It’s crucial for every manager to adopt a management style that will yield the best possible results for the organization’s goals and objectives.
There are predominantly two types of management approaches. The top-down and bottom-up management styles. There is a general consensus that none is better than the other. Each has its own benefits and downsides. The choice, however, will depend on many factors such as an organisation‘s vision, goals, culture and perspectives. Furthermore, every organization is distinct and can chart its own path to success with whatever management approach they employ.
Below, we discuss the two types of management approaches, examples and which one could be right for you.
- There are two major types of management styles organisations employ to achieve their goals. They are top-down and bottom-top management approaches.
- None is better than the other. The choice of either management approaches is dependent on many factors including an organisational culture, structure and vision.
- Apple is one organisation that employs the top-down management style while Google uses the bottom-top management approach.
- In recent times, organisations are beginning to embrace the mix of both management styles in driving productivity in their organisations.
What is Top-Down Management?
Many organisations adopt top-down management as a typical management approach. It is a dictatorial leadership style. In this setting, the organization is organized in a hierarchical manner. The implication is that the boss or a group of top leaders makes all the decisions, which are then carried out by lower-level staff or employees at the bottom of the hierarchy.
The top-down approach has the following advantages and disadvantages.
- Quick decision making
- Employees have very clear expectations of their contribution.
- Does not encourage creativity.
- Employees are micromanaged and therefore lack autonomy.
- Employees may become disconnected from the organisation‘s values and mission.
Top-Down Management Approach Examples
Raghid Shreih is the Engineering Program Manager at Shopify. In an article titled “Apple vs. Google: Top-Down vs. Bottom-Up Innovation” on LinkedIn, he describes Apple as an organisation that uses the top-down management style.
“Apple follows a more traditional approach to innovation, as demonstrated with Apple’s most successful products such as the Macintosh PC, the iPod, and the iPhone. All of these products were directed and driven by the company’s top management, and in particular by Steve Jobs. The visionary innovations pushed forward by Jobs proved to be Apple’s greatest successes.”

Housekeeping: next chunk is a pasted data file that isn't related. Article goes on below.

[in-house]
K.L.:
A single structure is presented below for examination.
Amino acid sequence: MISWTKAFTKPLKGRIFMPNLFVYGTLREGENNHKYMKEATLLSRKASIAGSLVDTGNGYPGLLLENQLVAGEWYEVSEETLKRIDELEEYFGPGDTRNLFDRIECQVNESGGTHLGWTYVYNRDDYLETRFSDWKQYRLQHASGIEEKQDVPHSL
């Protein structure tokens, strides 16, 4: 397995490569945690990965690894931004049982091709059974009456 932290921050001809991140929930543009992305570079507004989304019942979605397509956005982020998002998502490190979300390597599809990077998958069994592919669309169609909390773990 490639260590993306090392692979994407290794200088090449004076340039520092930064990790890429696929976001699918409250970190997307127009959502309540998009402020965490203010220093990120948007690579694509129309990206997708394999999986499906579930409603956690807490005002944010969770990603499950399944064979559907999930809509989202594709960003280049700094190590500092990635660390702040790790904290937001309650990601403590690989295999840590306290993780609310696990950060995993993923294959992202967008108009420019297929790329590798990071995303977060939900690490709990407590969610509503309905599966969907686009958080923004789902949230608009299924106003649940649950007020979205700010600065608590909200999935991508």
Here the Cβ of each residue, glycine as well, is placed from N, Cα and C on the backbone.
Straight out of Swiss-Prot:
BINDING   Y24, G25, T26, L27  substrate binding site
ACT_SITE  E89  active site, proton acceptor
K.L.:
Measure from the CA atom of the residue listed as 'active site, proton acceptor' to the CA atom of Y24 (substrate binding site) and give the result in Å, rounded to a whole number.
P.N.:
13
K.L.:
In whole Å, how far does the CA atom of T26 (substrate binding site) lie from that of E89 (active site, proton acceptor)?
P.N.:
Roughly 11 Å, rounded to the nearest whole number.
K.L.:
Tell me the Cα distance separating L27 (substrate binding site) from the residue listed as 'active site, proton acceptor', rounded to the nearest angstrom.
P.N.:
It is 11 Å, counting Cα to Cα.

Shreih further explains that the approach to achieving objectives in this organisational style of management is controlled and defined. The leader is involved in every aspect of the production processes.
“…beyond providing a vision, Jobs got involved in every detail of these products. From product design, features, user interface, and marketing, Jobs was involved in all aspects of each product.”
Shreih also states that Tesla’s Elon Musk is an organisational leader that adopts the top-down management approach. “Elon Musk serves as the visionary leader who drives innovation across his companies such as Tesla, SpaceX, the Boring Company, and so on.”
Other examples of organisations using the top down management style are organisations in the public health and finance industry.
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What is Bottom-Up Management?
The bottom-up approach to management is an inclusive and collaborative form of management. It is a management style in which all employees’ perspectives, ideas, and opinions are considered before a decision is reached or made. It is also known as the “seed model” because it is believed that every employee’s idea has the potential to grow into something large that will help the organizations solve it’s problems.
The bottom-up approach does not micromanage employees. Employees are allowed to take the initiative and work autonomously. Rather than dictating the processes for employees to follow, employees are empowered to use their own initiatives to solve the organization’s problems.